Monetary policy reversal isn’t like rolling back a carpet, says RBI chief Shaktikanta Das

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Updated: November 10, 2021 9:43 PM

All through the pandemic, the central bank has consistently been maintaining that it will not leave any stones unturned to provide liquidity and support growth.

Shaktikanta DasBut what came to us as a surprise was the massive inflow of foreign capital, which has added a lot of liquidity into the system, Das noted. (File)

Claiming that monetary measures taken by the RBI to ensure ample liquidity for all sectors ravaged by the pandemic have been fruitful, governor Shaktikanta Das said monetary policy normalisation or unwinding is not as simple as rolling back a carpet but a much more complex and long-term process.

Das further said all the monetary and liquidity measures unveiled by the central bank since the outbreak of the pandemic in March 2020 have been very much in sync with the evolving situation.

All through the pandemic, the central bank has consistently been maintaining that it will not leave any stones unturned to provide liquidity and support growth.

“Whatever it takes to support growth will be taken,” Das has been reassuring the market at every bi-monthly monetary policy announcement since March 2020.

Addressing a function organised by financial daily Business Standard on Wednesday, the governor said, “What we are doing is rebalancing the liquidity in the system. Also, the concept of monetary policy unwinding is too much misunderstood. Monetary policy normalisation after a long crisis period is not like rolling back a carpet…”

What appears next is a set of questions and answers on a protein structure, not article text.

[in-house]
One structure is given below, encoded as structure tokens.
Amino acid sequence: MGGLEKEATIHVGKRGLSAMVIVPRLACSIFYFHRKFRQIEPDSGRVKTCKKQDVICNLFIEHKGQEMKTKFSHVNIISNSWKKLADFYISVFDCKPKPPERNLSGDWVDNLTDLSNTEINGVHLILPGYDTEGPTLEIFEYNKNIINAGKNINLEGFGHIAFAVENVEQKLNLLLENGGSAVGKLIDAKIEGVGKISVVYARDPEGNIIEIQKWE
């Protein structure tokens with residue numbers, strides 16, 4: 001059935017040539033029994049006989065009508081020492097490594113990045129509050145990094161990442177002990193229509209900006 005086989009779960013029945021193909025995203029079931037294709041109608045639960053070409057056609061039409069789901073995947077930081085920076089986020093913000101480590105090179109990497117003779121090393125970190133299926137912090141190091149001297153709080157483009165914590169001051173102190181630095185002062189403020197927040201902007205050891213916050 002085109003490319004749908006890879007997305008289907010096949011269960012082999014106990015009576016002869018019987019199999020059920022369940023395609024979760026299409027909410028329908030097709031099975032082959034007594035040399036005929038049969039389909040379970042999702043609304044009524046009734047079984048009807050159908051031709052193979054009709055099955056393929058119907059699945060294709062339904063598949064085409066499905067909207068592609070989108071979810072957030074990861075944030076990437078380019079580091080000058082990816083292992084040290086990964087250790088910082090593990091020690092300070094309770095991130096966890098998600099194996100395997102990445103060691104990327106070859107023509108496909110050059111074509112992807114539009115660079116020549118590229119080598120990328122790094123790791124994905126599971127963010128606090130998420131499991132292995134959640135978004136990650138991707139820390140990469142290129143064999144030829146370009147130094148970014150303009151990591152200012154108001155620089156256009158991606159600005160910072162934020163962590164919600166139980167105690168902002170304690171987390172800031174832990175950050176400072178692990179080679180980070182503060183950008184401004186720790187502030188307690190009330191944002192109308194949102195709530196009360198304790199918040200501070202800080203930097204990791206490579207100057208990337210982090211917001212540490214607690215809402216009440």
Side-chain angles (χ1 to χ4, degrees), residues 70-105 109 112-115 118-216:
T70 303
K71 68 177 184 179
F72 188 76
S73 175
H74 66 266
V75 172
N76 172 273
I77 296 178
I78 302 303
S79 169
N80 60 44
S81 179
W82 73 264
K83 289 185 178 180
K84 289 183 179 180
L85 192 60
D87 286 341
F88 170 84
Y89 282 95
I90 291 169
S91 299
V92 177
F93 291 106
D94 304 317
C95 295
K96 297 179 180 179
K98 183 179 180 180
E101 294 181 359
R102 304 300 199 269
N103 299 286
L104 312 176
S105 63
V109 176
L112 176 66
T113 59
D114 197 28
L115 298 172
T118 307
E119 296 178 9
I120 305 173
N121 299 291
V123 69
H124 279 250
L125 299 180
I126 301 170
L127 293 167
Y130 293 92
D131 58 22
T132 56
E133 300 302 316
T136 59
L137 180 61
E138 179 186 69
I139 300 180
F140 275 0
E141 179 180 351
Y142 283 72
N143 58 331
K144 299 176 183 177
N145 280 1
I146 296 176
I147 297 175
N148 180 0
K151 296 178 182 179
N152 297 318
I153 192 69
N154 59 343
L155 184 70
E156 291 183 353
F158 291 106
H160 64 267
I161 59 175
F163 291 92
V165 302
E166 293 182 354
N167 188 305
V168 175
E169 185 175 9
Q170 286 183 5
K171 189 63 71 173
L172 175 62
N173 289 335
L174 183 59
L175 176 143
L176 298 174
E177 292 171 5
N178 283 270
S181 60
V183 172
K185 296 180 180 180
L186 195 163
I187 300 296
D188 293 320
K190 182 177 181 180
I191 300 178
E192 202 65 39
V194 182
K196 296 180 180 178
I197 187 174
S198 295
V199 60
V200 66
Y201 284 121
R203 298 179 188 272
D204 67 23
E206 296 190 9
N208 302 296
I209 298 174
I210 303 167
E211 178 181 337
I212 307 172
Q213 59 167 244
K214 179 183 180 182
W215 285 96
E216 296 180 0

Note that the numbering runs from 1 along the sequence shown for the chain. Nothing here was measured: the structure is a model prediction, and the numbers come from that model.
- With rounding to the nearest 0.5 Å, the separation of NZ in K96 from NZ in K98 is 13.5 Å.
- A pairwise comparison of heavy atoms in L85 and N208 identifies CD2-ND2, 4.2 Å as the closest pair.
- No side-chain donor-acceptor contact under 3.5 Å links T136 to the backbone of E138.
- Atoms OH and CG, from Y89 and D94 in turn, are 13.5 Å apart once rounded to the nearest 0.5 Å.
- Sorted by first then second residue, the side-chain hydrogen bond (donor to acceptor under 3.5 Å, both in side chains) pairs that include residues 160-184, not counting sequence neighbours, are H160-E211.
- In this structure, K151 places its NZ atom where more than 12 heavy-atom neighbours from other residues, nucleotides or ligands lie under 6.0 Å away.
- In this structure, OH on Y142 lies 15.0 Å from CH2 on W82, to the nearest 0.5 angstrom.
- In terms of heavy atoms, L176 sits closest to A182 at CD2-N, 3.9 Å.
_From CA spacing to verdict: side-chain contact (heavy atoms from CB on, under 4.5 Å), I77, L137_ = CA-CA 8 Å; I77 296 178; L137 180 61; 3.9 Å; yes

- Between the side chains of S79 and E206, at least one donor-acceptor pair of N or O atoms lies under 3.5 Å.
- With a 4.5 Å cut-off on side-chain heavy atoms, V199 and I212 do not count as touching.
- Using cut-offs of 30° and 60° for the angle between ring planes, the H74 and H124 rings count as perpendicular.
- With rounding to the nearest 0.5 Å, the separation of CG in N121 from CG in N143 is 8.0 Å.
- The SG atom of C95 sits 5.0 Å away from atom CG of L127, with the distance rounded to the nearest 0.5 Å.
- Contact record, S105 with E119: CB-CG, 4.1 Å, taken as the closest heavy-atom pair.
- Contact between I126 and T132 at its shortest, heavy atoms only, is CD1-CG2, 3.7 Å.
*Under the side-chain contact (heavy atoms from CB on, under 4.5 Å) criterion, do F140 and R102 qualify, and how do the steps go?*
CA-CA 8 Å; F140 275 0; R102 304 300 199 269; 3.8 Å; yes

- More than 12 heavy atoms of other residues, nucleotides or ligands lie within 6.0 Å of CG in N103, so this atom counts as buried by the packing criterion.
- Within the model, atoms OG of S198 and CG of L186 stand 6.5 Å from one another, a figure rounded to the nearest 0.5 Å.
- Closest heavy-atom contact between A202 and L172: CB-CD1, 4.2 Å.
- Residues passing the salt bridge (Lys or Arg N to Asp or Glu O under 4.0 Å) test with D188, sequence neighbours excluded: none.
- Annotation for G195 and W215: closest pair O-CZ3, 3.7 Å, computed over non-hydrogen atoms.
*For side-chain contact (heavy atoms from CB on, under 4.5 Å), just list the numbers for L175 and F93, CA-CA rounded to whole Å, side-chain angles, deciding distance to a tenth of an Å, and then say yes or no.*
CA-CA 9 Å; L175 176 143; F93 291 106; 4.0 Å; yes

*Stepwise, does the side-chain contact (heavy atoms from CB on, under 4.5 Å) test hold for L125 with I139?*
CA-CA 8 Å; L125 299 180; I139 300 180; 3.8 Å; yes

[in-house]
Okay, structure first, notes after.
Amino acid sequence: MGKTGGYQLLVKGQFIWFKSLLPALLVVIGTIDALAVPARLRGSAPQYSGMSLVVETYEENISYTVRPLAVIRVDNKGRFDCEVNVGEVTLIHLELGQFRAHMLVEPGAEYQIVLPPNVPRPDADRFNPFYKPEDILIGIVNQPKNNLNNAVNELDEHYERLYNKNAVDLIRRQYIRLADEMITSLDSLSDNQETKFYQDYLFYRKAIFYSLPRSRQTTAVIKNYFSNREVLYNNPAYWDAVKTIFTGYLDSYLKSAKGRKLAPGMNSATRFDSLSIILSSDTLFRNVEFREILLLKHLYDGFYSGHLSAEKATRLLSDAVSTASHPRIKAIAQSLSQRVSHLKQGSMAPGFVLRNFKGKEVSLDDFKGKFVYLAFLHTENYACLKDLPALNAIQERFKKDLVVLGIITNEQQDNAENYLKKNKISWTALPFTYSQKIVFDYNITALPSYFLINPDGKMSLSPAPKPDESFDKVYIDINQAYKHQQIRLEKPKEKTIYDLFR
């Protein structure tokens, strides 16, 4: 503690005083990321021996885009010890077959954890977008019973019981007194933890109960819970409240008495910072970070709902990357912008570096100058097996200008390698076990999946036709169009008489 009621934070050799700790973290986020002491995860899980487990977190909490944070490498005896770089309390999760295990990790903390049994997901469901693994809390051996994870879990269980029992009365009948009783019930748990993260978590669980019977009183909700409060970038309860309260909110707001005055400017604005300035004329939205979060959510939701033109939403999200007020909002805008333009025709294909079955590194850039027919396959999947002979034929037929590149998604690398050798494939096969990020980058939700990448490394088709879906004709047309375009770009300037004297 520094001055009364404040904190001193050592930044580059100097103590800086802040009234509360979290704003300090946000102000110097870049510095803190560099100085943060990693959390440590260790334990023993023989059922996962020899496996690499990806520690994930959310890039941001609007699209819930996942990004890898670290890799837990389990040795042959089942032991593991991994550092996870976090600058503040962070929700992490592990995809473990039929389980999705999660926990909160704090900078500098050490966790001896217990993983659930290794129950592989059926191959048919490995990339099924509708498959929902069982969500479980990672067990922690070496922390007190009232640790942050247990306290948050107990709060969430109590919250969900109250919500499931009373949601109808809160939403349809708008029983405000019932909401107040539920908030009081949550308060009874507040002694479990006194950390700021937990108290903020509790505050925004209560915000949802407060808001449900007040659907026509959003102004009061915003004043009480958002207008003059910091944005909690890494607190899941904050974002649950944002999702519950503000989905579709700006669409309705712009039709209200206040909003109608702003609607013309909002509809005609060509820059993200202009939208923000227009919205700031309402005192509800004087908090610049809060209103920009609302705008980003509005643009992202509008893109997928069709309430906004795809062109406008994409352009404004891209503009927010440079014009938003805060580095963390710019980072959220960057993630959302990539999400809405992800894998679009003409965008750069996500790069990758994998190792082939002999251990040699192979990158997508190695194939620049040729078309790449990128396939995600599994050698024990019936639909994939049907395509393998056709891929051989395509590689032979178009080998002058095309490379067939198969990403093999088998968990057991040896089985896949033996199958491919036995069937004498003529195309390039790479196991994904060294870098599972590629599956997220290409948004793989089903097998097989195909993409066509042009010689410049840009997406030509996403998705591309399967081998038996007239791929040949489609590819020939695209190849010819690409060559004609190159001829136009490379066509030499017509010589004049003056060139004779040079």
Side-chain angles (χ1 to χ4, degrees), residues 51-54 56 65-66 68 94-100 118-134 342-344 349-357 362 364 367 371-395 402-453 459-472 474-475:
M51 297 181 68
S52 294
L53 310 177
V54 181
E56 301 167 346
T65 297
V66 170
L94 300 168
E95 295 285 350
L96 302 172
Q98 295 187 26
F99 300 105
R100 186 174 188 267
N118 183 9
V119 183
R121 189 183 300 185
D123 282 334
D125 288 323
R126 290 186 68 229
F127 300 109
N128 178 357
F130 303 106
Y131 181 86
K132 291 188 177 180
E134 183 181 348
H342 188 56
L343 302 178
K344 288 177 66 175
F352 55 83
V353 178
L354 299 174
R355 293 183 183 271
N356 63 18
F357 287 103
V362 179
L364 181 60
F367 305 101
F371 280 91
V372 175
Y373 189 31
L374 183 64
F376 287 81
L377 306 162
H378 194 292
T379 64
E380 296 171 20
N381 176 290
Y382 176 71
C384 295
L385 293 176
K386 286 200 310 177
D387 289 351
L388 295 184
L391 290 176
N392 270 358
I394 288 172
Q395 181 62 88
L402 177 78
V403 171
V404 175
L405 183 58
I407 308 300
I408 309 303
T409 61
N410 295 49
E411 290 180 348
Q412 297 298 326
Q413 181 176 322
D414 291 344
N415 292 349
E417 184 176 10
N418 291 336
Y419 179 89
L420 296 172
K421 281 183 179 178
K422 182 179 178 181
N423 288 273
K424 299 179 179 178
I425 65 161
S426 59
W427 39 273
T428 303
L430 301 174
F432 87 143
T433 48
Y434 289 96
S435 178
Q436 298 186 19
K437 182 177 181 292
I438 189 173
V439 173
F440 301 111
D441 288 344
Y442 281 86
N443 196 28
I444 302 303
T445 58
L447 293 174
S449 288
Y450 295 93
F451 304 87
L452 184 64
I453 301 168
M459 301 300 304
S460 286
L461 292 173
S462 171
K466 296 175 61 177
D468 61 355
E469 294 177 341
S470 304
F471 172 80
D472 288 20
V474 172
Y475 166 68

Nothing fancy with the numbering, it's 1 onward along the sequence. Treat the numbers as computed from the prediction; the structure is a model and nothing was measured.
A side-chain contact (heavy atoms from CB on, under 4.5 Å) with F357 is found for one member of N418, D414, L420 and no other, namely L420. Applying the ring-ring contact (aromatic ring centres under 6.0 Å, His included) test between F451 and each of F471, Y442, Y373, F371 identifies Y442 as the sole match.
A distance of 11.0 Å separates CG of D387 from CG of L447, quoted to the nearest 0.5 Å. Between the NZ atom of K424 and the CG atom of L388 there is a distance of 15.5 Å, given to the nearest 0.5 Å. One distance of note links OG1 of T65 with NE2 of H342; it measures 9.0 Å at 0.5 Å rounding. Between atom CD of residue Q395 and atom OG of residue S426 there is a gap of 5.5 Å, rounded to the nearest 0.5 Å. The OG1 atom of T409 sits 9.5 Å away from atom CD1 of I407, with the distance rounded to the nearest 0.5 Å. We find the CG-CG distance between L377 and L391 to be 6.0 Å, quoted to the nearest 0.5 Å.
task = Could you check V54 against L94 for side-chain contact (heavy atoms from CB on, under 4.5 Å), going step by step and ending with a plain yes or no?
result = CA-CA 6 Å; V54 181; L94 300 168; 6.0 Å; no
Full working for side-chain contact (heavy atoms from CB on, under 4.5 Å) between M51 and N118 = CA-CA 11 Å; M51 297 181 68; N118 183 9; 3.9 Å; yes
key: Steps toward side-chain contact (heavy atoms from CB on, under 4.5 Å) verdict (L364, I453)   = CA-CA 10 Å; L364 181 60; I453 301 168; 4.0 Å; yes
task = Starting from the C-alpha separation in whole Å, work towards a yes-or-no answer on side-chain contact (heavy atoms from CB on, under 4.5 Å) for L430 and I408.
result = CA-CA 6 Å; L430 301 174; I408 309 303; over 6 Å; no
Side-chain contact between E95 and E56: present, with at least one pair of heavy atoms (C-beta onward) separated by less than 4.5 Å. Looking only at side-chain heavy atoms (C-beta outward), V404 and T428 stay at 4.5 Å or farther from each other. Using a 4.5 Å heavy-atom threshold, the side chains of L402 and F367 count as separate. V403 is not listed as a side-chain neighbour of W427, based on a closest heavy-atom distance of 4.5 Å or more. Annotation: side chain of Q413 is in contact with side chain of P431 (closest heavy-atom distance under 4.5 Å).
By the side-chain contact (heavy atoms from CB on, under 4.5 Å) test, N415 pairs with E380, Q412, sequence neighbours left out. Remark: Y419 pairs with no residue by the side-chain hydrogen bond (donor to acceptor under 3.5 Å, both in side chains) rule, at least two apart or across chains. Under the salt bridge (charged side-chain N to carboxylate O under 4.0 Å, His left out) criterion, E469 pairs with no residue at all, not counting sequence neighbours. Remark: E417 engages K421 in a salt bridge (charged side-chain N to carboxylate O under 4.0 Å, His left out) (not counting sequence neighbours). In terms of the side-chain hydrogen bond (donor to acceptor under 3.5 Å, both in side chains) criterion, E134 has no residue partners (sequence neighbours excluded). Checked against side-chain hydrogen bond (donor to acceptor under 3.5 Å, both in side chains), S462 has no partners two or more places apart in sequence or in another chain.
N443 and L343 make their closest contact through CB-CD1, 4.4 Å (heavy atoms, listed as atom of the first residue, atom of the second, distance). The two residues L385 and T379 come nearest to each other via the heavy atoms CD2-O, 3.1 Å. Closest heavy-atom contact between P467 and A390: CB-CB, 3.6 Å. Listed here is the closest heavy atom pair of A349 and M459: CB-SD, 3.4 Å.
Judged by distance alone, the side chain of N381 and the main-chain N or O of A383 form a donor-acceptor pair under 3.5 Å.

Explaining further, Das said while announcing every liquidity enhancing measure, “we were also constantly assessing and analysing the downside risks to those measures and the fallouts from them on one hand and on the other, we have also ensured to the best of our abilities that we build-in enough safety valves. Therefore, I am not using the word normalisation. I am more comfortable using the word rebalancing”.

Noting that the liquidity enhancing measures unveiled since late March 2020 have a sunset clause and that they are all finite measures, he said, be it the LTRO, TLRO or CRR cuts, most of them have sunset dates.

“The CRR cut was for one year, and it has ended now. And so is the LTRO that was first given for three years, while the TLRTO was for one year and has ended now,” he said, adding thus a large part of the first stimulus dose has come back to the Reserve Bank.

And all these liquidity measures are for a finite period and come with a definite sunset clause. Of the Rs 7.5 lakh crore of additional liquidity infusion, a little less than Rs 7 lakh crore have already come back to us through the reverse repo window,” he said.

But what came to us as a surprise was the massive inflow of foreign capital, which has added a lot of liquidity into the system, Das noted.

“So, what we are doing now by what you call normalisation or unwinding is rebalancing the excess liquidity in the system,”’ he concluded.

 

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